a second portion of the fourth field of view and a second portion of the first field of view overlap outside the perimeter frame.

8. The aerial vehicle of claim 5, wherein:

the first structure includes a first winglet;
the second structure includes a second winglet;
the third structure includes a third winglet; and
the fourth structure includes a fourth winglet.

9. The aerial vehicle of claim 5, further comprising a propulsion device configured to selectively move the aerial vehicle in a direction of travel, wherein the first sensor is positioned such that an alignment of a first angle of view extends in a direction that is offset from a horizontal direction of travel.

10. The aerial vehicle of claim 5, wherein:

the first sensor includes a first stereo camera;
the second sensor includes a second stereo camera;
the third sensor includes a third stereo camera; and
the fourth sensor includes a fourth stereo camera.

11. The aerial vehicle of claim 10, wherein at least one of the first stereo camera, the second stereo camera, the third stereo camera, or the fourth stereo camera includes a first imaging element and a second imaging element that are vertically offset from one another.

12. The aerial vehicle of claim 10, wherein at least one of the first stereo camera, the second stereo camera, the third stereo camera, or the fourth stereo camera includes a first imaging element and a second imaging element that are horizontally offset from one another.

13. The aerial vehicle of claim 5, wherein:

the perimeter frame has a first side with a first outer surface and a second side having a second outer surface;
at least a portion of an edge of the first field of view overlaps with the first outer surface of the first side of the perimeter frame;
at least a portion of the edge of the second field of view overlaps with the second outer surface of the first side of the perimeter frame; and
the first and second sides are opposite one another.

14. The aerial vehicle of claim 5, wherein a first location of the first sensor and a second location of the second sensor are on a lower portion of the perimeter frame, and a third location of the third sensor and a fourth location of the fourth sensor are on an upper portion of the perimeter frame.

15. The aerial vehicle of claim 5, wherein:

the first sensor is configured to provide a first image data;
the second sensor is configured to provide a second image data,
the third sensor is configured to provide a third image data;
the fourth sensor is configured to provide a fourth image data; and
a combination of the first image data, the second image data, the third image data, and the fourth image data is representative of at least the continuous space.

16. The aerial vehicle of claim 5, further comprising: the fifth sensor has a fifth field of view that is at least one of:

a fifth sensor that is coupled to the perimeter frame and oriented such that:
representative of at least one of a vertical space below the perimeter frame; or
representative of a vertical space above the perimeter frame.

17. A computer-implemented method of generating a scene that represents a continuous space horizontally surrounding a perimeter frame of an aerial vehicle, comprising:

receiving a first signal from a first optical sensor, wherein the first optical sensor protrudes from an inner portion of a first winglet that is coupled to and extends from a front portion of the perimeter frame, wherein the first optical sensor is oriented such that a first field of view of the first optical sensor extends substantially along the front portion;
receiving a second signal from a second optical sensor, wherein the second optical sensor protrudes from an outer portion of a second winglet that is coupled to and extends from the front portion of the perimeter frame, wherein the second optical sensor is oriented such that a second field of view of the second optical sensor extends substantially along a first side portion of the perimeter frame;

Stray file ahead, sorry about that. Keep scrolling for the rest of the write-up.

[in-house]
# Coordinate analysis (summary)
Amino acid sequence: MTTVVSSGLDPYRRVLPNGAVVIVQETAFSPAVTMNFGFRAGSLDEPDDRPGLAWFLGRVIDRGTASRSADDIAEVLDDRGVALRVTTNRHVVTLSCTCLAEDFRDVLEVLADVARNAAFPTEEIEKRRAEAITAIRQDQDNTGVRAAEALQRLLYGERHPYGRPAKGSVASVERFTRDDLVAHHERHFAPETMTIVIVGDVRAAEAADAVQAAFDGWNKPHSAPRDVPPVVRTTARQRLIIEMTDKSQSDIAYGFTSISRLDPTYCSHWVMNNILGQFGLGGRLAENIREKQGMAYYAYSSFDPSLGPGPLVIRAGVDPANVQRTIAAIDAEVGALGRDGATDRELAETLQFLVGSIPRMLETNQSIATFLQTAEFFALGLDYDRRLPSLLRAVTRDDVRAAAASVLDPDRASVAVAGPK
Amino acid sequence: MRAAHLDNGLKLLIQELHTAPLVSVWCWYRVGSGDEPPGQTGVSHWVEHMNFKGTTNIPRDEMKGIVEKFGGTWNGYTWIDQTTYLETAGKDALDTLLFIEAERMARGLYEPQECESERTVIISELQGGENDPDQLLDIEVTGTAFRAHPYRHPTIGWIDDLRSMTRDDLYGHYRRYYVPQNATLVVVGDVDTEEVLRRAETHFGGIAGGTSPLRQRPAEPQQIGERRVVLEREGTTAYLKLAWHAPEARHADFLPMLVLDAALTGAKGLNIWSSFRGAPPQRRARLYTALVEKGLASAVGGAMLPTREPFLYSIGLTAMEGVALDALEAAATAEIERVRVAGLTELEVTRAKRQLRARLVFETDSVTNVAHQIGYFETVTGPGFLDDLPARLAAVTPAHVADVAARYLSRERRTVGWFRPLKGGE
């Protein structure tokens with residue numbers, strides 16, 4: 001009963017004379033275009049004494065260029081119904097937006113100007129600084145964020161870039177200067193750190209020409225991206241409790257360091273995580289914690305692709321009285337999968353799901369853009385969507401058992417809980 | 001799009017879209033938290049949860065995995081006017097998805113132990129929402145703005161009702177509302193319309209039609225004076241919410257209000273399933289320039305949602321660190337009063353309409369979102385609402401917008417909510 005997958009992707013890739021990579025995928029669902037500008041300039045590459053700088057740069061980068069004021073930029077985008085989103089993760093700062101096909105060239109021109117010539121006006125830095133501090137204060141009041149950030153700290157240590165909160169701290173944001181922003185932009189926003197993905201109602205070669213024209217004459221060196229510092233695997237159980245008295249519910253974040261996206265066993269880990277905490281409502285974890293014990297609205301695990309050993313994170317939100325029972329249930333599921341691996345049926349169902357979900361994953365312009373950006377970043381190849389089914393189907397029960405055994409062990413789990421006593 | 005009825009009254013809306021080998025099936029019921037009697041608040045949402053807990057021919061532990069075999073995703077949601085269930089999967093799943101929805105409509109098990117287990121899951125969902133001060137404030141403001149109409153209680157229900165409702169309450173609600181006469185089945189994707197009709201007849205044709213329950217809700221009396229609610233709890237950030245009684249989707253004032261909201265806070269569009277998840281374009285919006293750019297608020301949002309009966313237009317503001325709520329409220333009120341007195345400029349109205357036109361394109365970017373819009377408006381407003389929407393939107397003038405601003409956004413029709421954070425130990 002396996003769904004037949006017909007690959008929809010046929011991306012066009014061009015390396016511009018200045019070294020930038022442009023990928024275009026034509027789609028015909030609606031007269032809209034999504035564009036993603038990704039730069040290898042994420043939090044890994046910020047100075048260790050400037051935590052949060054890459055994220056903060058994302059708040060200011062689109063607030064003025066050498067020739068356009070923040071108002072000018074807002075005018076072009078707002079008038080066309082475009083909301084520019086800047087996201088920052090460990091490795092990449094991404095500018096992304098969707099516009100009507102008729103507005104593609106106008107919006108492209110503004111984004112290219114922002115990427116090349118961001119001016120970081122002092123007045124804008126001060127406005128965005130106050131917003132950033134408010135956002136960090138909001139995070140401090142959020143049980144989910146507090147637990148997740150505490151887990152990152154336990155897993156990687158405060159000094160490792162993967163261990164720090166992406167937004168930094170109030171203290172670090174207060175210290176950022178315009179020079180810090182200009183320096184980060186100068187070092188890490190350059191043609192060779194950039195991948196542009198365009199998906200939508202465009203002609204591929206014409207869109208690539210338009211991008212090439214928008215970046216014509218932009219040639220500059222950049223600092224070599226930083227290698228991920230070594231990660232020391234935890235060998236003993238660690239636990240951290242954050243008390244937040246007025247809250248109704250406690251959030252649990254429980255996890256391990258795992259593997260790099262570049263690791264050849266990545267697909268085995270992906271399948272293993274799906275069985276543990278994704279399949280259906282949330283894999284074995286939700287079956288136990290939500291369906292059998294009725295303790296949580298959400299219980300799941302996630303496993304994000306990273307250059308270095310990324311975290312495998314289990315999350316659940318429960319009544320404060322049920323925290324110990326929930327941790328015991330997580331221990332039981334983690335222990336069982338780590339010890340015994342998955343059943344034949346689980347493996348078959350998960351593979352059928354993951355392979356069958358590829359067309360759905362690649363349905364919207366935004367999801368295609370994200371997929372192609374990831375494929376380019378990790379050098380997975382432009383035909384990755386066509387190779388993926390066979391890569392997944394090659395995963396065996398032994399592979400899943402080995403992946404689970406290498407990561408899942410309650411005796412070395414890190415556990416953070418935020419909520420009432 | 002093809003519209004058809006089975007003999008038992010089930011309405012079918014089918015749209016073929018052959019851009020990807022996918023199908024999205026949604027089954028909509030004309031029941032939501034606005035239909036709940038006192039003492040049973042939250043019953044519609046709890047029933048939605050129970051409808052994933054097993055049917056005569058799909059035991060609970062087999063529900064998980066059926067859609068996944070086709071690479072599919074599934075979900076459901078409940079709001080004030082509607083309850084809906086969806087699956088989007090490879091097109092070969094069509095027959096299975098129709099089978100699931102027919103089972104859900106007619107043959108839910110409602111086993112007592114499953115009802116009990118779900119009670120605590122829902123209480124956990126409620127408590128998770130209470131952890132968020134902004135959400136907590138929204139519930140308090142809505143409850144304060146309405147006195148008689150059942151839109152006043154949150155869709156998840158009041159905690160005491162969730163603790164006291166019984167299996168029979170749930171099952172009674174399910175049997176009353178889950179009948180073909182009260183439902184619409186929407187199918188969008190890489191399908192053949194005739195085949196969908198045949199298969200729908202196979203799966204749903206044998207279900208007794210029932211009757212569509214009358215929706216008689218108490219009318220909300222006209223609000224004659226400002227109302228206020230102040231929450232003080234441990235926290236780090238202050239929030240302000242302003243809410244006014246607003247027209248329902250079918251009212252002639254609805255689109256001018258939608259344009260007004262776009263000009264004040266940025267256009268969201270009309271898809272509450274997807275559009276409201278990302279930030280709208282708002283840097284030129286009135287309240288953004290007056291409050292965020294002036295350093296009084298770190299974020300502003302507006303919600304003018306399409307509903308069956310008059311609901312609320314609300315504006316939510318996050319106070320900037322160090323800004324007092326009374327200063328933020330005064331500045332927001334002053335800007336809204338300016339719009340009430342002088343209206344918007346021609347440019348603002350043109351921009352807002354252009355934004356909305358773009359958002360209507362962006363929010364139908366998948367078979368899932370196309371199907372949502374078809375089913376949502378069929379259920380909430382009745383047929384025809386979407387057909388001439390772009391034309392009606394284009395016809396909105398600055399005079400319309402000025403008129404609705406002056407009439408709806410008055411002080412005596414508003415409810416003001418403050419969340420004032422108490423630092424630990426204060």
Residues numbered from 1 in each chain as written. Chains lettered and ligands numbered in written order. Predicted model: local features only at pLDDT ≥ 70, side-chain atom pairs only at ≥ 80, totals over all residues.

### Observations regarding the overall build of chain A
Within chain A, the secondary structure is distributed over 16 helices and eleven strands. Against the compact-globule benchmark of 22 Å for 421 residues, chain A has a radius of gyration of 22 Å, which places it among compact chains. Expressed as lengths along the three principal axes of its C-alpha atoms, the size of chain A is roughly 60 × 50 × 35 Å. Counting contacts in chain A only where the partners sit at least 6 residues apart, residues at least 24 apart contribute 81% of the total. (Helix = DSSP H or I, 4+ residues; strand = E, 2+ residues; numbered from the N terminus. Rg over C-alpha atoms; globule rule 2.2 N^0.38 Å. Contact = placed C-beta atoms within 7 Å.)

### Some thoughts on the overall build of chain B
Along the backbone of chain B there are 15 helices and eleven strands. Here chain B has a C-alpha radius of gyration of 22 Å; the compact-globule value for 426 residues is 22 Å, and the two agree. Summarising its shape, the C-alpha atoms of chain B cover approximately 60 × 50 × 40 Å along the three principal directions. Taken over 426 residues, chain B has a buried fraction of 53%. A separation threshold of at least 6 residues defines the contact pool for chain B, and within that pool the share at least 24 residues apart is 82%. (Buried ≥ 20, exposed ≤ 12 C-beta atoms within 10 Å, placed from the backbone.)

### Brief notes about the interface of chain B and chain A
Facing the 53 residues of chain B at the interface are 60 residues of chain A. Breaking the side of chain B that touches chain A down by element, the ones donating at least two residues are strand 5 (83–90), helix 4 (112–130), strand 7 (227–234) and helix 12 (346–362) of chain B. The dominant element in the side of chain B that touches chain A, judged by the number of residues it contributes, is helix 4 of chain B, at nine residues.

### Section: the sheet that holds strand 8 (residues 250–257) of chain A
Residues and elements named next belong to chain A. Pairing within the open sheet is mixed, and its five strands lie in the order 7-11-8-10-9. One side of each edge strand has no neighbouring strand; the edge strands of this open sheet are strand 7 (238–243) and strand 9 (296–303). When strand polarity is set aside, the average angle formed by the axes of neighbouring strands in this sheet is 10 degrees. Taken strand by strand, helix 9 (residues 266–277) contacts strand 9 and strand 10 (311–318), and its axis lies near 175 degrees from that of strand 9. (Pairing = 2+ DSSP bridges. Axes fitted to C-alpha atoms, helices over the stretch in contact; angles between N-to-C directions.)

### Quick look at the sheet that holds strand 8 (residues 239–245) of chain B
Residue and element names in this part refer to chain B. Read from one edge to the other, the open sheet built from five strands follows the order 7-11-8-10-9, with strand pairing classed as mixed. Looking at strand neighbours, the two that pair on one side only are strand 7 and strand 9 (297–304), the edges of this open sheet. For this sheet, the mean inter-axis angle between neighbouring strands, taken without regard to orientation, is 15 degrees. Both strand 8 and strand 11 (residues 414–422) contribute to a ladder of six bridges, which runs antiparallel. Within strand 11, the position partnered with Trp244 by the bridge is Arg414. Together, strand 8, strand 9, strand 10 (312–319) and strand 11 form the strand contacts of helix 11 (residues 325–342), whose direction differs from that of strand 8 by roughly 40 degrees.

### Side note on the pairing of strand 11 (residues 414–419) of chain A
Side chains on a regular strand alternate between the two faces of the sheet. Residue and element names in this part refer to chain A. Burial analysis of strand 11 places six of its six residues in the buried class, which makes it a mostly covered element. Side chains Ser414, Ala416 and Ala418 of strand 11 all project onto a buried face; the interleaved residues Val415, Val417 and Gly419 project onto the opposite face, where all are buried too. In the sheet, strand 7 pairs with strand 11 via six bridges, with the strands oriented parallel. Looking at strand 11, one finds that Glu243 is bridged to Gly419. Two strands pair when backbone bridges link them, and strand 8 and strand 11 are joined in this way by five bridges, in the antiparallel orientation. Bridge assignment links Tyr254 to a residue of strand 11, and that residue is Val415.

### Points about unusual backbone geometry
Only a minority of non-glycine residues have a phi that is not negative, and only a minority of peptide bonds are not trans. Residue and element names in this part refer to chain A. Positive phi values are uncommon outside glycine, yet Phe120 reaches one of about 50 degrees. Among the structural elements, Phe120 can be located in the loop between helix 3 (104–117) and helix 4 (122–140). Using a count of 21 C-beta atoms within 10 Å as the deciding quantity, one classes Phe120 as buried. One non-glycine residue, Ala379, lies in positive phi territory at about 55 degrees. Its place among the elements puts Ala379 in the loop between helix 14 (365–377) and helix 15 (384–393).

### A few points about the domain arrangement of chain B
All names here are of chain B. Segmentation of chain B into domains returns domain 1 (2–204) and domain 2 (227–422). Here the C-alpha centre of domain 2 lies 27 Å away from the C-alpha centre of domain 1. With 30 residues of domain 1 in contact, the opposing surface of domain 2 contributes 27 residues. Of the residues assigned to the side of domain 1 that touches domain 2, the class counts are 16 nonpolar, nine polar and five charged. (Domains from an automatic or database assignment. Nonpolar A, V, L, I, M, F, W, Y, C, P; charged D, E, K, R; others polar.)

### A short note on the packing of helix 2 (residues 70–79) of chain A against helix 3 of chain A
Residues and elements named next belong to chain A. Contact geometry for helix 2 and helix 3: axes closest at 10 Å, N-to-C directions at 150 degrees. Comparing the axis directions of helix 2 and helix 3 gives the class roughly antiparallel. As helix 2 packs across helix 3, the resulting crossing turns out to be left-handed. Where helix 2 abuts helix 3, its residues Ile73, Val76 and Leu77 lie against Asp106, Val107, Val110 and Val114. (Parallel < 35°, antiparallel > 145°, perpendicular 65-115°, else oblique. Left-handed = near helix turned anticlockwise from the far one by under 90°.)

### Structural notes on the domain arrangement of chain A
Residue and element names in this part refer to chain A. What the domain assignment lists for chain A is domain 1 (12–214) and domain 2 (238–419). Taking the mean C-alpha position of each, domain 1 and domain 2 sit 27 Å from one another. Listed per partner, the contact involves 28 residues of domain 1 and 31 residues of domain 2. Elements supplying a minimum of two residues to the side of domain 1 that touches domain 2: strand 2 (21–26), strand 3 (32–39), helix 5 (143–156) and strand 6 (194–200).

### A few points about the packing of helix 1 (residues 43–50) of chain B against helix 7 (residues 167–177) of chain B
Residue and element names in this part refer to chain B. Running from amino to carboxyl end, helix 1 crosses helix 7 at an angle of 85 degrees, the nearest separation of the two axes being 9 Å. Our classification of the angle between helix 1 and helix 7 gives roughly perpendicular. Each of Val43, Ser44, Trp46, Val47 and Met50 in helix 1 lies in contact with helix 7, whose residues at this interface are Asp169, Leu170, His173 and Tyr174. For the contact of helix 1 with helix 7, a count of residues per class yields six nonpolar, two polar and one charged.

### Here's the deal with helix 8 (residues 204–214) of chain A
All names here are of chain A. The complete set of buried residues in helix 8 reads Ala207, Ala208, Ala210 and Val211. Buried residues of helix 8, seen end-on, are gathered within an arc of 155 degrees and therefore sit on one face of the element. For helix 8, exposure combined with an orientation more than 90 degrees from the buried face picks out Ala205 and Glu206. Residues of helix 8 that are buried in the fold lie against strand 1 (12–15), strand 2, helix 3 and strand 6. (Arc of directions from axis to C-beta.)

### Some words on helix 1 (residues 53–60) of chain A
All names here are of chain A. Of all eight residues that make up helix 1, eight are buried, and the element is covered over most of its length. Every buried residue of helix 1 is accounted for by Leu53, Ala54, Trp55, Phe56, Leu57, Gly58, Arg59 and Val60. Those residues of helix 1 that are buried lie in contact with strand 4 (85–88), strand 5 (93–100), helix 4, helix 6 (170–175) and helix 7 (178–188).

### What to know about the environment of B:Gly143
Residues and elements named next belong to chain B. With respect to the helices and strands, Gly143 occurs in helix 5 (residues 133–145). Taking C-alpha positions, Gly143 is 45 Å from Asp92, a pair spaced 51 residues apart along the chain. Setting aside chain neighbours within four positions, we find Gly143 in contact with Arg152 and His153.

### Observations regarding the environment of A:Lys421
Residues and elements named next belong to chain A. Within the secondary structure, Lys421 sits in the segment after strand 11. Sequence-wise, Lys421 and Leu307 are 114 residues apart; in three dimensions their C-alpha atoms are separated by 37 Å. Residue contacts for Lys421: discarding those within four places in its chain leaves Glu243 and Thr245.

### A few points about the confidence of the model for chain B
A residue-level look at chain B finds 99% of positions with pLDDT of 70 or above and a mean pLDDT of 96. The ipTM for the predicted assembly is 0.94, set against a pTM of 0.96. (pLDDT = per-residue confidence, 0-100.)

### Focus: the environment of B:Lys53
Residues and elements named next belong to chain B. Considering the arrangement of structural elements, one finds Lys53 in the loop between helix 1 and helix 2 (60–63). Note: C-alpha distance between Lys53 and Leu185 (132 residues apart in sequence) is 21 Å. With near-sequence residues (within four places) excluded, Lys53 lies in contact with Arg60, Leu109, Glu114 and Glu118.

receiving a third signal from a third optical sensor, wherein the third optical sensor protrudes from a third winglet that is coupled to and extends from a rear portion of the perimeter frame, wherein the third optical sensor is oriented such that a third field of view of the third optical sensor extends substantially along the rear portion;
receiving a fourth signal from a fourth optical sensor, wherein a fourth optical sensor protrudes from a fourth winglet that is coupled to and extends from the rear portion of the perimeter frame, wherein the fourth optical sensor is oriented such that a fourth field of view of the fourth optical sensor extends substantially along a second side portion of the perimeter frame; and
processing the first signal, the second signal, the third signal, and the fourth signal to generate the scene that represents the continuous space surrounding the aerial vehicle.

18. The computer-implemented method of claim 17, wherein:

the first optical sensor comprises a first stereo camera;
the second optical sensor comprises a second stereo camera;
the third optical sensor comprises a third stereo camera; and
the fourth optical sensor comprises a fourth stereo camera.

19. The computer-implemented method of claim 17, wherein:

a first portion of the first signal and a second portion of the second signal represents a first same space;
a third portion of the second signal and a fourth portion of the third signal represents a second same space;
a fifth portion of the third signal and a sixth portion of the fourth signal represents a third same space; and
a seventh portion of the fourth signal and an eighth portion of the first signal represents a fourth same space.

Referenced Cited

U.S. Patent Documents

20150367957 December 24, 2015 Uskert et al.
20160029008 January 28, 2016 Prechtl
20170197713 July 13, 2017 Borman
20170341776 November 30, 2017 McClure

Foreign Patent Documents

2016140987 September 2016 WO

Other references

  • International Search Report & Written Opinion for PCT/US2017/051084, dated Jun. 5, 2018, 13 pages.

Patent History

Patent number: 10165256
Type: Grant
Filed: Sep 14, 2016
Date of Patent: Dec 25, 2018
Patent Publication Number: 20180077350
Assignee: Amazon Technologies, Inc. (Seattle, WA)
Inventors: Taylor David Grenier (Seattle, WA), Louis LeRoi LeGrand, III (Seattle, WA), Barry James O'Brien (Seattle, WA), Joshua John Watson (Seattle, WA), Ricky Dean Welsh (Bellevue, WA)
Primary Examiner: Eileen M Adams
Application Number: 15/265,793

Classifications

Current U.S. Class: Non/e
International Classification: H04N 13/243 (20180101); H04N 5/247 (20060101); B64C 39/02 (20060101); B64D 47/08 (20060101); H04N 13/239 (20180101);